Environmentally-friendly method for creating a ‘high demand’ ingredient in IBD treatments

There is no cure for inflammatory bowel disease (IBD) but scientists from Japan may have uncovered a new technique that could help in creating an effective and sustainable drug. For creating a small-molecule drug, researchers developed a large-scale synthesis method for easily developing a compound necessary for IBD treatment.

“We have successfully developed new method for mass-synthesizing environmentally friendly NEt-3IB with a 35-fold better E-factor—an indicator of the environmental burden in multistage drug substance synthesis—than conventional processes,” says Dr. Hiroki Kakuta, an associate professor at Okayama University, in a statement.

NEt-3IB stands for 4-(ethyl(3-isobutoxy-4-isopropylphenyl)amino)benzoic acid which is in high demand in developing treatments for IBD. The new method promises to create a more widespread and stable supply of this compound, allowing researchers to design small-molecule drugs that are both cost-effective and easy to administer.

The motivation behind this method comes from the need to optimize normal processes for NEt-31B synthesis. “The synthesis of NEt-3IB so conventionally uses column chromatography, which requires a large amount of organic solvents in addition to three organic solvents that are not recoverable for reaction. In order to achieve carbon neutrality and meet sustainable development goals (SDGs), we were driven to avoid column chromatography and find approaches with recoverable organic solvents,” explains Dr. Kakuta.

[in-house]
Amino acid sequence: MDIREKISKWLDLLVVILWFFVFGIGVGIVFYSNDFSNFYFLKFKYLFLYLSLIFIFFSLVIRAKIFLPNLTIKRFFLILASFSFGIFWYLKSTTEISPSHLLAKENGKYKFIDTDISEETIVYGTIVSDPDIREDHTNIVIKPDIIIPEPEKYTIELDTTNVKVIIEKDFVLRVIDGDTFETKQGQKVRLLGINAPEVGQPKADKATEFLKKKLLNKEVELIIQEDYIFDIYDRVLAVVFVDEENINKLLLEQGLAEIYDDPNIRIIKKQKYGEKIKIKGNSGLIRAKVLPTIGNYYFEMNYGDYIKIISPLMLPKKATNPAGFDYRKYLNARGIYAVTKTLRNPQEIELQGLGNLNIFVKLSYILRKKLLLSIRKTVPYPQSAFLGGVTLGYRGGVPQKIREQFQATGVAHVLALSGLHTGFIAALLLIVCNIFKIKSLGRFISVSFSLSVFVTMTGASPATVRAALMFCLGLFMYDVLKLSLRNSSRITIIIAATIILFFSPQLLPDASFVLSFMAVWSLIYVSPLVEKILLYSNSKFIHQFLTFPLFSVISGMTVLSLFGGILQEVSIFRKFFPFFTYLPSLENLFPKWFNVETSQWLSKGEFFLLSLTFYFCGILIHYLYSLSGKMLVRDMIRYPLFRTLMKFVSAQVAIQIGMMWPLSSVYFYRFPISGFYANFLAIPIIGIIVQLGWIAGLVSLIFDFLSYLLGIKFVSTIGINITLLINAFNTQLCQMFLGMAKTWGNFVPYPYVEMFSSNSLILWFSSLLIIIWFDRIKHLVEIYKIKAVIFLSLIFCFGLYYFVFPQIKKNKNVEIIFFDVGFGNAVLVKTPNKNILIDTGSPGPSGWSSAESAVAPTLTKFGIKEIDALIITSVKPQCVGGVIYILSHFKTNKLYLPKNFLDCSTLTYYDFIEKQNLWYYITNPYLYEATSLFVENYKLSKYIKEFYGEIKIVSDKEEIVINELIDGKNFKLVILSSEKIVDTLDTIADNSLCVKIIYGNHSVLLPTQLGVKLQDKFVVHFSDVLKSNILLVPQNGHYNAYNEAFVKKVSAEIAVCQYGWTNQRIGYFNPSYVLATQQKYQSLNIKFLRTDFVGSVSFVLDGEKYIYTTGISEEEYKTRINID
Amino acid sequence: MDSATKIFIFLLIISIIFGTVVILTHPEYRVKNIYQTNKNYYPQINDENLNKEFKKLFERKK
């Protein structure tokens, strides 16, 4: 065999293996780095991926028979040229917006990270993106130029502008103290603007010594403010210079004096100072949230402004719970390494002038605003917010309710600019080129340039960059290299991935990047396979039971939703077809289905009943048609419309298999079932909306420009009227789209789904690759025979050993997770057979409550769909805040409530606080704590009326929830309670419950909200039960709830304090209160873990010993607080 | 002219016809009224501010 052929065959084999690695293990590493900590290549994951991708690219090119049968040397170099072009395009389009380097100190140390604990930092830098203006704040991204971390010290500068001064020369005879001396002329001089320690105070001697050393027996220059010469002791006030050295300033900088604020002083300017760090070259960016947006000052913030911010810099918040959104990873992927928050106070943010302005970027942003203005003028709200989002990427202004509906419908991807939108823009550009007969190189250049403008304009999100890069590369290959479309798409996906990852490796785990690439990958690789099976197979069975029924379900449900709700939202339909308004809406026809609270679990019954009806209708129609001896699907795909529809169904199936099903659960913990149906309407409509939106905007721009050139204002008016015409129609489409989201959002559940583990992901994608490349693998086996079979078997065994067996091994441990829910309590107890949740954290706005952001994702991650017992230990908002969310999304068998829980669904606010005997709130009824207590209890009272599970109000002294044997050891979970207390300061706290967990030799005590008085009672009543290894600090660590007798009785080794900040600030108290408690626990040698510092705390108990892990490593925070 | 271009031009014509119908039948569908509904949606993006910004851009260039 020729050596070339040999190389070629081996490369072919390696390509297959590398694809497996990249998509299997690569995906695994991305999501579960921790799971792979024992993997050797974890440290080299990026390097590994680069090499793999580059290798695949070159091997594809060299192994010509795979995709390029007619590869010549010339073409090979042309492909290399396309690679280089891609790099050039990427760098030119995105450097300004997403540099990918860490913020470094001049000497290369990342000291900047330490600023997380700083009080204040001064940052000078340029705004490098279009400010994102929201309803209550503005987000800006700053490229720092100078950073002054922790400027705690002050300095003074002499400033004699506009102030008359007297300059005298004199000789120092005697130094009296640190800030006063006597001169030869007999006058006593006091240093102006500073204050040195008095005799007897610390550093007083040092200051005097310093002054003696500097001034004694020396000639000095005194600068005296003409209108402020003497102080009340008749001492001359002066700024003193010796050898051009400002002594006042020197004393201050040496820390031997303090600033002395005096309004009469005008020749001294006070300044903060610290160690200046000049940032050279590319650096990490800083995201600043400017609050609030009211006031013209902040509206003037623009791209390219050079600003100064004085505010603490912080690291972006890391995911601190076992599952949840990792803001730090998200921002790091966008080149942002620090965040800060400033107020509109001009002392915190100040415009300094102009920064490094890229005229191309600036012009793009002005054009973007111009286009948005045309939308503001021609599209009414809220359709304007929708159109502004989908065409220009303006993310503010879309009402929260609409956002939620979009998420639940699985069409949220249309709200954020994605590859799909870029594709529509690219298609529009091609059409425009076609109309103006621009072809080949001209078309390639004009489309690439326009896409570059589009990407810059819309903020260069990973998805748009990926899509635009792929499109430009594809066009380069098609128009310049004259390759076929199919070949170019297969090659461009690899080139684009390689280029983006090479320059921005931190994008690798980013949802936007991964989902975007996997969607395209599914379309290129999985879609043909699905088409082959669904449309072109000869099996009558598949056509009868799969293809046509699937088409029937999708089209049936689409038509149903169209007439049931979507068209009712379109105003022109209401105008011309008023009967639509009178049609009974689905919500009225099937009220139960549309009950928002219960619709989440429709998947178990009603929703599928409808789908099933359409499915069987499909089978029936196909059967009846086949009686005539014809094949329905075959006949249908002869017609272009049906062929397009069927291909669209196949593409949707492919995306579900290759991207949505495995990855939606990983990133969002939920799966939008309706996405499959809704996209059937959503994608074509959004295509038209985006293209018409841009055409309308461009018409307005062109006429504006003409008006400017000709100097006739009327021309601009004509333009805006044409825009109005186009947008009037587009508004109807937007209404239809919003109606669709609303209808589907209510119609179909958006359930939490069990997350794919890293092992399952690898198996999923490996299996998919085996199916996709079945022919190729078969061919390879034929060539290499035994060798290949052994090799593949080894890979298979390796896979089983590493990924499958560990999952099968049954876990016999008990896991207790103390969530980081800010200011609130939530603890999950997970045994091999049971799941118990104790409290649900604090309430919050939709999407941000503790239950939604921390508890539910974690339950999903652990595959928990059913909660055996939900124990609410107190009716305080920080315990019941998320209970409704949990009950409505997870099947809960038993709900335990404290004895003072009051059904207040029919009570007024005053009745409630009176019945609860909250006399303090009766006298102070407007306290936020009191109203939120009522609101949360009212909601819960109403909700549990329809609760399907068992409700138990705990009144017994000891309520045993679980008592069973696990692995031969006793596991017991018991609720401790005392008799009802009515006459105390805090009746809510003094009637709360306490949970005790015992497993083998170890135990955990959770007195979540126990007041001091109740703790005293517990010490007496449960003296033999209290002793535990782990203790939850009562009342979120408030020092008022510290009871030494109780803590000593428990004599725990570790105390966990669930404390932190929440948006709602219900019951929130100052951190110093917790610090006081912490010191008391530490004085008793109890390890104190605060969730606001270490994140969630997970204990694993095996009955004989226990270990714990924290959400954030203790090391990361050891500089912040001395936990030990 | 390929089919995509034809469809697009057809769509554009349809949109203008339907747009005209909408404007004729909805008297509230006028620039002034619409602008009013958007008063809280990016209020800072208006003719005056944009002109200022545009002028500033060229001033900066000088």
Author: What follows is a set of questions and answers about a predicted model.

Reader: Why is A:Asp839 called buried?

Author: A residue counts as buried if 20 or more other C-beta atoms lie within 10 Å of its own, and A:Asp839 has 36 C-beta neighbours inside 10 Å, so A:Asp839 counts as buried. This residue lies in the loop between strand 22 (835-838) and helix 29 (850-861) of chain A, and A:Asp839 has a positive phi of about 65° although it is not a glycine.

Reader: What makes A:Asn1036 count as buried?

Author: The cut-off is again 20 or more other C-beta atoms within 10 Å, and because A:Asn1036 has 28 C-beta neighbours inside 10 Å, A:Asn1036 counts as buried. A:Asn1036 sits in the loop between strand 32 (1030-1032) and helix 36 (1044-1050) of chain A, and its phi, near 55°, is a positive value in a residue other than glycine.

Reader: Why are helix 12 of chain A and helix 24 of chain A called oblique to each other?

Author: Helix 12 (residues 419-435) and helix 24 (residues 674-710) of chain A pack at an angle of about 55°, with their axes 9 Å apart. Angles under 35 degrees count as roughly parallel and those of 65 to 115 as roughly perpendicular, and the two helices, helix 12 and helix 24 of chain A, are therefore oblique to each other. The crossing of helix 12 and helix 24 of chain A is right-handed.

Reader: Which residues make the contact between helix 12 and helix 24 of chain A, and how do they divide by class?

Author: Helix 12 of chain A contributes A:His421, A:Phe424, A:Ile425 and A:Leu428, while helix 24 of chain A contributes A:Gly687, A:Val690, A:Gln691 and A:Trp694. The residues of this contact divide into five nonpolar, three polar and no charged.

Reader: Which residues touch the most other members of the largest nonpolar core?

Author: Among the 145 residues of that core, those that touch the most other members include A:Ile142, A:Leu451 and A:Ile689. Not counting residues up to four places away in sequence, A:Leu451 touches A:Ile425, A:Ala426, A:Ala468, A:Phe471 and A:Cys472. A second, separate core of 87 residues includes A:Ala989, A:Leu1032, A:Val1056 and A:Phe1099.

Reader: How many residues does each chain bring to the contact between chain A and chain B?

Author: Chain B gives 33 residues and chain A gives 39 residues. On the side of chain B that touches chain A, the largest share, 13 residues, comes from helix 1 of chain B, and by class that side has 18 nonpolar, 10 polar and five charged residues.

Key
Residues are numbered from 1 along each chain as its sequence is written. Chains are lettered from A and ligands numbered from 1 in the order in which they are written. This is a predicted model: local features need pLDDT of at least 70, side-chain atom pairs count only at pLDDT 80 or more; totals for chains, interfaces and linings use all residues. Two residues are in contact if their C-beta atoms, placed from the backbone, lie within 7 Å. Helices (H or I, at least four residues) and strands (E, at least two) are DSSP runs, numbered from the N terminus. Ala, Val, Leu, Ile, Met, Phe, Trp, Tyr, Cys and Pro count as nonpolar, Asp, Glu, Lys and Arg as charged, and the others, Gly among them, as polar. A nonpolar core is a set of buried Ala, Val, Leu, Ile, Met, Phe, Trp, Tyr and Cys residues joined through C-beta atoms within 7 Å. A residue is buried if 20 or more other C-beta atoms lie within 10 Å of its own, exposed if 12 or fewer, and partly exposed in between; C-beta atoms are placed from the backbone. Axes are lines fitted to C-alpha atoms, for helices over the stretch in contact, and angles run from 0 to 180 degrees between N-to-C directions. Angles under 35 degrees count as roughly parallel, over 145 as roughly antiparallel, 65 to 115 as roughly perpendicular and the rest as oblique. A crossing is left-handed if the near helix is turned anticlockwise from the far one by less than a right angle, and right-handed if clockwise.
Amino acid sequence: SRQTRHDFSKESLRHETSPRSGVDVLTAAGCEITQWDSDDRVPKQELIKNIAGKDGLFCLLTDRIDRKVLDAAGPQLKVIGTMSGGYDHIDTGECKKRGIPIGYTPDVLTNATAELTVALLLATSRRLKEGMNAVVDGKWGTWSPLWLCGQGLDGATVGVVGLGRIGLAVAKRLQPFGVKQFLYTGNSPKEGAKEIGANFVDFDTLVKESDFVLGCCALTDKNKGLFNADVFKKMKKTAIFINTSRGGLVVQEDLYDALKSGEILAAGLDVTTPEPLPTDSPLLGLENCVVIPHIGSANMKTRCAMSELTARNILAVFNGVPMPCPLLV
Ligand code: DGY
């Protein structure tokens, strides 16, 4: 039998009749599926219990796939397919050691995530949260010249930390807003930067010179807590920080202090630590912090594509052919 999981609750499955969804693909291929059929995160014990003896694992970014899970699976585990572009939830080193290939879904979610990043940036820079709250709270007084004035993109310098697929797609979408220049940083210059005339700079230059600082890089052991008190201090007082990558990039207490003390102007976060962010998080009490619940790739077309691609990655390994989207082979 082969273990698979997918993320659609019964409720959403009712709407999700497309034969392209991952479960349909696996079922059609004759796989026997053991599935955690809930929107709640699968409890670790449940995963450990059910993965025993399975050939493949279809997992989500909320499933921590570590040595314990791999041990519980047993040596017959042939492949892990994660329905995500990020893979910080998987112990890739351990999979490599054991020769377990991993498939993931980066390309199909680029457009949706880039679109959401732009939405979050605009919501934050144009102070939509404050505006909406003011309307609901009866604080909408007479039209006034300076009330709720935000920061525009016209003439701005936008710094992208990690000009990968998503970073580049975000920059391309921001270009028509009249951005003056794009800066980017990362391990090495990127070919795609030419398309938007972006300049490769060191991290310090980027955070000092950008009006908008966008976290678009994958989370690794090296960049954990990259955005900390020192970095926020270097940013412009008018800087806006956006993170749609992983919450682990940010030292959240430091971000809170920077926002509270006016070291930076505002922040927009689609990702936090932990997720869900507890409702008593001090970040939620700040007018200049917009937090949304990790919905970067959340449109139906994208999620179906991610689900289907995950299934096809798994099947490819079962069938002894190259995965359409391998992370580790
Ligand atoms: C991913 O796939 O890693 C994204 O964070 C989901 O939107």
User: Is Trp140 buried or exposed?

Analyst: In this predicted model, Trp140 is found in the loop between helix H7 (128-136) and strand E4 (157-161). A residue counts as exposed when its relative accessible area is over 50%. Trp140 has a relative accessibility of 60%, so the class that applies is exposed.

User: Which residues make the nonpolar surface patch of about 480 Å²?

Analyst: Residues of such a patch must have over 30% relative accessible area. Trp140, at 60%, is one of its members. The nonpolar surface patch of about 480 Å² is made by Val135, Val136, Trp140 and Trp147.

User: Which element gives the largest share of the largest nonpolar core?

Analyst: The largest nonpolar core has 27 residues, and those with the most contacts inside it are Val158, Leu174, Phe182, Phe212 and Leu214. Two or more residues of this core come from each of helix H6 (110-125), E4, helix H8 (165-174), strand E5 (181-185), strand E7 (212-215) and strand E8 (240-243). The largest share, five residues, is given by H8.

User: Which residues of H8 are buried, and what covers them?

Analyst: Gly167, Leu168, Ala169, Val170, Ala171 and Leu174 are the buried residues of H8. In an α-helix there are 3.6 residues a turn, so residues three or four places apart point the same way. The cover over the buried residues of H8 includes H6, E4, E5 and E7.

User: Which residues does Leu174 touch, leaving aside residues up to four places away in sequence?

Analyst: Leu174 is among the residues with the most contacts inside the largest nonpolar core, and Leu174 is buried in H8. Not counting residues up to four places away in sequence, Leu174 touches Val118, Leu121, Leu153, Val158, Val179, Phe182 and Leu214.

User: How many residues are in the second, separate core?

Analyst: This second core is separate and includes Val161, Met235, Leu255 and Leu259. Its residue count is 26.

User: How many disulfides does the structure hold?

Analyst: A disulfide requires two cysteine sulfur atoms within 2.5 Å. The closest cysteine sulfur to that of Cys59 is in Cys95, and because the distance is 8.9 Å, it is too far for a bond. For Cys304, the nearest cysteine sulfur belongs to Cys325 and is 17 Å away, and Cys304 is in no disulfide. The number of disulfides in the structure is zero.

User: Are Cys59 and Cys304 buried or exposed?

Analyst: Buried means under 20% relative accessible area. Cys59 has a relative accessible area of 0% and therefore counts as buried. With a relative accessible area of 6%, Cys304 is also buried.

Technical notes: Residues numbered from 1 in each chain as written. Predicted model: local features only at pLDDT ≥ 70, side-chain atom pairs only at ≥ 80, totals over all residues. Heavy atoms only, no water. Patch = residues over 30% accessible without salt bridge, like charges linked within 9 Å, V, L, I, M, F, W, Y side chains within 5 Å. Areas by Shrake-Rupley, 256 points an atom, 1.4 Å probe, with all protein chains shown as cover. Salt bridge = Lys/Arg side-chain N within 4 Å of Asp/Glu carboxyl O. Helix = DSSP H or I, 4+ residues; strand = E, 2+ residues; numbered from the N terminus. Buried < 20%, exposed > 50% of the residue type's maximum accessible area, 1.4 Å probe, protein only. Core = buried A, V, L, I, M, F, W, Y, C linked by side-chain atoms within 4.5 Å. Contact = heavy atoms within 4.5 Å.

The new process uses only fat-soluble ether and alcohol. Doing so will cause a substantial decrease in the volume of liquid waste and allow for easy recycling. Purifying the NEt-3IB through recrystallization verified the method’s effectiveness with a total yield of over 30% and a purity of 99%.

“Our method provides an example of an approach that employs recoverable solvents and takes a step towards carbon neutrality. This approach can be applied for the production of not only NEt-3IB, but also other small molecule pharmaceuticals,” adds Dr. Kakuta.  

The study is published in the Chemical and Pharmaceutical Bulletin.


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About the Author

Jocelyn Solis-Moreira

Jocelyn is a New York-based science journalist whose work has appeared in Discover Magazine, Health, and Live Science, among other publications. She holds a Master’s of Science in Psychology with a concentration in behavioral neuroscience and a Bachelor’s of Science in integrative neuroscience from Binghamton University. Jocelyn has reported on several medical and science topics ranging from coronavirus news to the latest findings in women’s health.

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